Chinese Name: 臺灣新文化運動紀念館
Location: Taipei City (Northern Taiwan)
Official Website: https://tncmmm.gov.taipei/Default.aspx
Did You Know?
The Taiwan New Cultural Movement Memorial Museum is housed in what was, during the Japanese colonial period, the Taihoku North Police Station (臺北北警察署). At that time, the Taipei police deployment was split roughly at the North Gate of Old Taipei. The area south of the North Gate was under the jurisdiction of the Taihoku South Police Station, and the area north of it was under the jurisdiction of the Taihoku North Police Station. The Taihoku North Police Station was located in Dadaocheng, the economic center of northern Taiwan at that time. The Dadaocheng area was the birthplace of Taiwan's political and social movements for democracy in the late period of the Japanese occupation. Taiwanese elites were arrested and imprisoned in the North Police Station for advocating their political ideas, which were difficult for the colonial government to accept.
After 1945, the Taihoku North Police Department was restructured into the Taipei City Police Department. In 1998, the former Taihoku North Police Station was designated a Taipei City municipal monument. It is the only remaining police station in Taipei City from the 1930s, and as such, it has become a valuable witness to modern history. In particular, the detention center and water prison built in the past are still preserved indoors, a special showcase of exactly what makes the space usual. As an important cultural asset that witnessed the operation of the police system during the Japanese colonial period, the North Police Station was originally planned to be a "police museum" to show the controlling atmosphere and the changes in the role of the police during the Japanese occupation. What the North Police Department really represents, though, is the clamping down on civil society movements and restriction of the freedoms of speech and thought. This reality led experts and scholars to rethink whether this building should instead be used as a museum to explain human rights issues and Taiwan's difficult history.
In 2006, the Taipei City Government proposed it become the "Taiwan New Cultural Movement Memorial Museum," with the entire space restored and the interior facilities updated, helping preserve and pass along the understanding of historical events and spirit of the characters involved in the New Cultural Movement initiated by the Taiwan Cultural Association (臺灣文化協會) in the 1920s.
After the wharf at Dadaocheng was opened to trade in 1860, international commercial exchanges and trade grew at a phenomenal pace. In 1895, Taiwan entered a period of Japanese rule. At this time, Dadaocheng Wharf was surrounded by foreign firms and tea merchants, and the commercial development of Dadaocheng area made it the most prosperous area in Taiwan. Booming commercial transportation created a platform for multicultural exchanges, attracting literati and artists from all over Taiwan to gather here.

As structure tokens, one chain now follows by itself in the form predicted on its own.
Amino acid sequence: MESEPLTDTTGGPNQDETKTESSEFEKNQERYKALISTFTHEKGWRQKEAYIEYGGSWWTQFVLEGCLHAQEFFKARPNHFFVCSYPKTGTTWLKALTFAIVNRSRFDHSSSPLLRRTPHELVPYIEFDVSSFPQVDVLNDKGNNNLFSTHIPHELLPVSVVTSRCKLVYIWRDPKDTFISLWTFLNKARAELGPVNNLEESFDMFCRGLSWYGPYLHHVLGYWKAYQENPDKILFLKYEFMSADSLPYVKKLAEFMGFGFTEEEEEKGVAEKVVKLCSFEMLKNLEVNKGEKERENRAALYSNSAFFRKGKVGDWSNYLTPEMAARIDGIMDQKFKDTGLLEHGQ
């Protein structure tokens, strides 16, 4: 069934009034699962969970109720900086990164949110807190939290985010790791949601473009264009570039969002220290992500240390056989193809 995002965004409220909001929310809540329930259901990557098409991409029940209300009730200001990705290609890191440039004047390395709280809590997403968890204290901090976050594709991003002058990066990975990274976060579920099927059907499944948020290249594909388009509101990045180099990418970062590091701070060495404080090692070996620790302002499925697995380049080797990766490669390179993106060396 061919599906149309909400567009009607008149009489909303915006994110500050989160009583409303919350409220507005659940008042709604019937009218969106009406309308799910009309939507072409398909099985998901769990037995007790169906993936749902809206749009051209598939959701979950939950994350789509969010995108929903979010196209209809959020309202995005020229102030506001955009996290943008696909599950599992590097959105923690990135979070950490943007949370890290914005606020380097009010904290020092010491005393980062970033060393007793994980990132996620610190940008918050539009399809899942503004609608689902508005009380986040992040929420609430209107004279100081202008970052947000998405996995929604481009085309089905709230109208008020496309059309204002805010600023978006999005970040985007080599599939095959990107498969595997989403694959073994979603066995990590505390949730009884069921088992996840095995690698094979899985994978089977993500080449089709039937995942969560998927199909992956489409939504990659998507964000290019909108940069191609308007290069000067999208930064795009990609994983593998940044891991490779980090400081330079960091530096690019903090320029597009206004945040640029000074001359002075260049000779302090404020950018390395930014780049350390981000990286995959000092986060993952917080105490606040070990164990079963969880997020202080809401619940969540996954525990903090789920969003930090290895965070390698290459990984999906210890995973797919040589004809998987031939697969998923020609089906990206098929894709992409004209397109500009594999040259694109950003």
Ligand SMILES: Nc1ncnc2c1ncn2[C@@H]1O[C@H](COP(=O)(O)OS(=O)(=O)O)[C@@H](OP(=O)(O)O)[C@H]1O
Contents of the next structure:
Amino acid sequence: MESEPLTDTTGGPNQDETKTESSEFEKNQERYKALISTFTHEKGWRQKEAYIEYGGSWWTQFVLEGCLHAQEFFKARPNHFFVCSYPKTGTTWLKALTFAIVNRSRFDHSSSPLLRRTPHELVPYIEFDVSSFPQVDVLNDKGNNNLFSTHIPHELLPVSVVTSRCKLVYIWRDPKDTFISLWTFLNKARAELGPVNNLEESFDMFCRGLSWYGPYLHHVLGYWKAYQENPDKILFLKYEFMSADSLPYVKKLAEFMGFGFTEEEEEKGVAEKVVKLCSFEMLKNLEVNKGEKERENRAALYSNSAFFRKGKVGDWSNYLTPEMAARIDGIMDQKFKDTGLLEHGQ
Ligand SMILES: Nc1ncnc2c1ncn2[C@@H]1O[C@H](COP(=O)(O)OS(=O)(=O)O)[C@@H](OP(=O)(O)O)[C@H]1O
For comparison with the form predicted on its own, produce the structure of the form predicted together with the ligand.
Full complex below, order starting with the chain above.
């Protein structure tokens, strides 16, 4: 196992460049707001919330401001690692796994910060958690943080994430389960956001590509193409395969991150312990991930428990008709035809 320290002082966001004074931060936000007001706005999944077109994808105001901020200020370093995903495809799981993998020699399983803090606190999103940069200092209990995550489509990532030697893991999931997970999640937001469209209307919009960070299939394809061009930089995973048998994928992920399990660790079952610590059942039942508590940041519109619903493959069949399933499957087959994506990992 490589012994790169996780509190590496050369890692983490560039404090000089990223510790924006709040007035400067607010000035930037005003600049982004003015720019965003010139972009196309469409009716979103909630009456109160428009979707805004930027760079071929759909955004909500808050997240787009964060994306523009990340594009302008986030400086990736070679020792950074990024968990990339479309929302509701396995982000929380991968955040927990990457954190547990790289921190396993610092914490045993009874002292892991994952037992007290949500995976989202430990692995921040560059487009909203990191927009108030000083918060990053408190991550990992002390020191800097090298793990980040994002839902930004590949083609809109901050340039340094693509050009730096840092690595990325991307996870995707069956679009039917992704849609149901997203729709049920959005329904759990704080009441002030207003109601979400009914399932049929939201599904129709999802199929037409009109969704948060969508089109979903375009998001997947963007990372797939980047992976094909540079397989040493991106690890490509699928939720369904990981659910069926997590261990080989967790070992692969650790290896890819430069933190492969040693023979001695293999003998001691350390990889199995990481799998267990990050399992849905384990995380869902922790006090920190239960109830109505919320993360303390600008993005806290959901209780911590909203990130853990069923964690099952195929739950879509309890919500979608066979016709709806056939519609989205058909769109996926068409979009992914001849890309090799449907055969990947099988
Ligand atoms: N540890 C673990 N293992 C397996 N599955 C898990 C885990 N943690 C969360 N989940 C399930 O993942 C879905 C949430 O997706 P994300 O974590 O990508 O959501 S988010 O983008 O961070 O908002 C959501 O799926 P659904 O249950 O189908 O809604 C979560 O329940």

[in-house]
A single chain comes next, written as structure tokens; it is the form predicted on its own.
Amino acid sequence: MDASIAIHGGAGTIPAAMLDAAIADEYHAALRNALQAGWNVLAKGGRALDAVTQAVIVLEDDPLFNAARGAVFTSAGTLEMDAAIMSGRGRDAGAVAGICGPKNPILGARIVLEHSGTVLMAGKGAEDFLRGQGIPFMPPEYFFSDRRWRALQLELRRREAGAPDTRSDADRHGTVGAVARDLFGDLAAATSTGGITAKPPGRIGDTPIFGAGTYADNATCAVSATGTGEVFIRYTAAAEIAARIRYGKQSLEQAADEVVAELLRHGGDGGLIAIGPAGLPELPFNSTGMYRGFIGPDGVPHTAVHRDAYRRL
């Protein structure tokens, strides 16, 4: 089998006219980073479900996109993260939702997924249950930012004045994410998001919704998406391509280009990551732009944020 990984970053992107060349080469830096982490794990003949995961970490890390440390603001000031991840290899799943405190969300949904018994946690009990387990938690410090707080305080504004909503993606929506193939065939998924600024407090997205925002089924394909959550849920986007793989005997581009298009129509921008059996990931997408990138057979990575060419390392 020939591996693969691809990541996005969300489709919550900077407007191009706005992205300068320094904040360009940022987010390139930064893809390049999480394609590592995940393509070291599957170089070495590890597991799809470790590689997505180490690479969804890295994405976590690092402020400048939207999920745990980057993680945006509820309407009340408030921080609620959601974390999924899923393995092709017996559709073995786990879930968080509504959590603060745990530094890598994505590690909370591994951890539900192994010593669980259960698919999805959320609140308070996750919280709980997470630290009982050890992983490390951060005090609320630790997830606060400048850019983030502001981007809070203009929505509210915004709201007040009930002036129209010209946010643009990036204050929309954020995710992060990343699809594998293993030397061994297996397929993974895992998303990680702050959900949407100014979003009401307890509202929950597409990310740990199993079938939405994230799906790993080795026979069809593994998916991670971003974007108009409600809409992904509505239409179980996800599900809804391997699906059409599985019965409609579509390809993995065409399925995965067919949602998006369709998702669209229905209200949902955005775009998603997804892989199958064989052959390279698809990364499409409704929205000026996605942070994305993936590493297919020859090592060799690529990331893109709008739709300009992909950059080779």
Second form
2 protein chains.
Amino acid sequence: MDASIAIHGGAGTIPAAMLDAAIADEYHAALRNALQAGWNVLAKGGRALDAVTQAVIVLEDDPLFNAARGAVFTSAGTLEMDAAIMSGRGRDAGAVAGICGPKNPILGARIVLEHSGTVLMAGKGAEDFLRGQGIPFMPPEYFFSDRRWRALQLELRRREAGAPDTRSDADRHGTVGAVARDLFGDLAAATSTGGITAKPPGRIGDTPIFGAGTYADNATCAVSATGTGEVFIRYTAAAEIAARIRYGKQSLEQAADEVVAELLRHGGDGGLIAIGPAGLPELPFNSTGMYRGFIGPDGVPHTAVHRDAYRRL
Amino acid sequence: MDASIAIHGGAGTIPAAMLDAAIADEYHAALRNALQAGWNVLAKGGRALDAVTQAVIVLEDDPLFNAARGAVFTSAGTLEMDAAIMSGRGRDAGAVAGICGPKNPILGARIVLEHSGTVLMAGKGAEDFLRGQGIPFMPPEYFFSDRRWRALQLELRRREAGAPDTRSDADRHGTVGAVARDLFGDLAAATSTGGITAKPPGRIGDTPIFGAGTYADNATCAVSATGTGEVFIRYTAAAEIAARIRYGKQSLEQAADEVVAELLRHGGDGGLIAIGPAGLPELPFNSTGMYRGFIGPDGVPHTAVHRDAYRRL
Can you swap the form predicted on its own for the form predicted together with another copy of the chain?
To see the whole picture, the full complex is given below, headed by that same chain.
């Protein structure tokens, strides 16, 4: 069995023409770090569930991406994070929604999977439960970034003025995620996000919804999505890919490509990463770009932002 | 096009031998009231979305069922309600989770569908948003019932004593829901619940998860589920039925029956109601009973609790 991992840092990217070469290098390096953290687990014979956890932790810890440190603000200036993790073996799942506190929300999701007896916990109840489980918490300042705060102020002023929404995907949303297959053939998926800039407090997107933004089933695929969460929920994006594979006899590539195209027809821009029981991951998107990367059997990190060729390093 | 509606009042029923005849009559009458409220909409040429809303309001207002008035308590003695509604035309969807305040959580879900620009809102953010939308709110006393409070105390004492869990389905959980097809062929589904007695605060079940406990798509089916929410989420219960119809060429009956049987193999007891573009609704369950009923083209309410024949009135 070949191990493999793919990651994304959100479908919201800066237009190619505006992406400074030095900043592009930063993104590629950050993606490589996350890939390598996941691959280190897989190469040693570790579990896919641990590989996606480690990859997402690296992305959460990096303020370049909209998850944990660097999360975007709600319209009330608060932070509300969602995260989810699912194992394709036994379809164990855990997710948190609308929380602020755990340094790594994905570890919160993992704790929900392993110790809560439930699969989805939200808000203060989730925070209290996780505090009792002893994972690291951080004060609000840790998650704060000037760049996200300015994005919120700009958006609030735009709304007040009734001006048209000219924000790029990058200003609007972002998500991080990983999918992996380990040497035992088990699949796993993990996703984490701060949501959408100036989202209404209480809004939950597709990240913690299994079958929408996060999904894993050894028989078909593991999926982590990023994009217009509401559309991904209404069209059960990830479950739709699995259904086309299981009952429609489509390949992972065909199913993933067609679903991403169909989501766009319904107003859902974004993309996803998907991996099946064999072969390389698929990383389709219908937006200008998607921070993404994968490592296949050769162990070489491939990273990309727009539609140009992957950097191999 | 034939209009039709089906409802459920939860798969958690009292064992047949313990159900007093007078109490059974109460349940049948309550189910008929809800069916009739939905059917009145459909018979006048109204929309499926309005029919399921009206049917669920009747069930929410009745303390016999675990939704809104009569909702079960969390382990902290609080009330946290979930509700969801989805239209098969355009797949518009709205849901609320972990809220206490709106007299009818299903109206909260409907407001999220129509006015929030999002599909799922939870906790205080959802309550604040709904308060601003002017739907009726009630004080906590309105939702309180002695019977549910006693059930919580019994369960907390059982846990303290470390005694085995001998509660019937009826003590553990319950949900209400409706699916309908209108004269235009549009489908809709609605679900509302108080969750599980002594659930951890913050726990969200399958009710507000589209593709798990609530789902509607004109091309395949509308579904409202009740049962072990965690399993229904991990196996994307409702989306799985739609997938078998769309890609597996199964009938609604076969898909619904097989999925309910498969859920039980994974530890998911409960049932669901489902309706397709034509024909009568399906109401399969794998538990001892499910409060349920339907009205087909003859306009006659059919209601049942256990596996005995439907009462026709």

In the 1920s, intellectuals in Taiwan were influenced by the 1911 Xinhai Revolution (辛亥革命) in China, along with global tides of nationalism and socialism. They realized that the people of Taiwan could not forever be colonized people deprived of suffrage, and set their hearts on using non-violent methods to oppose the colonizing regime's restrictions and clampdowns on knowledge. Therefore, in 1921, activists Lin Hsien-tang (林獻堂), Chiang Wei-shui (蔣渭水), and others called for the establishment of the Taiwan Cultural Association to boost local consciousness of Taiwanese culture. The association published newspapers, held talks, performed dramas, and played films, setting off a new cultural movement across Taiwan.
The newspaper Taiwan Minbao (臺灣民報), published by the Cultural Association, competed with the Daily News (日日新報), the official paper published by the Japanese authorities. With the rise of the New Cultural Movement, a new Taiwanese literature gradually emerged, one that showed concern for the local people and those lower in the social hierarchy. Compared with traditional opera, the New Drama Movement came with progressive ideas around as breaking down feudalism and reforming society. Members of the Cultural Association also set up troupes in various places to perform cultural dramas full of reformist ideas, in an attempt to consolidate Taiwanese consciousness through drama and bring the spirit of the new era to the people.
The New Cultural Movement has spawned many local Taiwanese artists, and the Dadaocheng area has produced its share of talents; Taiwan's well-known early sculptor Huang Tu-shui (黃土水, 1895-1930) and painters Kuo Hsueh-hu (郭雪湖, 1908-2012), Chen Ching-fen (陳清汾, 1913-1987) , Chen De-wang (陳德旺, 1918-1984), and Hong Rui-lin (洪瑞麟, 1912-1996) were all born in Dadaocheng.
The Taiwan New Cultural Movement of the 1920s was an important era of cultural awakening in Taiwan. Through talks on democracy, lectures on culture, and various other activities, it drove the public to reconsider their understanding of themselves. With the conscious promotion among the public, it also promoted Taiwanese films, dramas, and literature. Breakthroughs in the fields of music, theater, literature, and arts launched an era of new cultural philosophy that is the most unrestrained and modern in Taiwan's history.
(Photo courtesy of Taiwan New Cultural Movement Memorial Museum)
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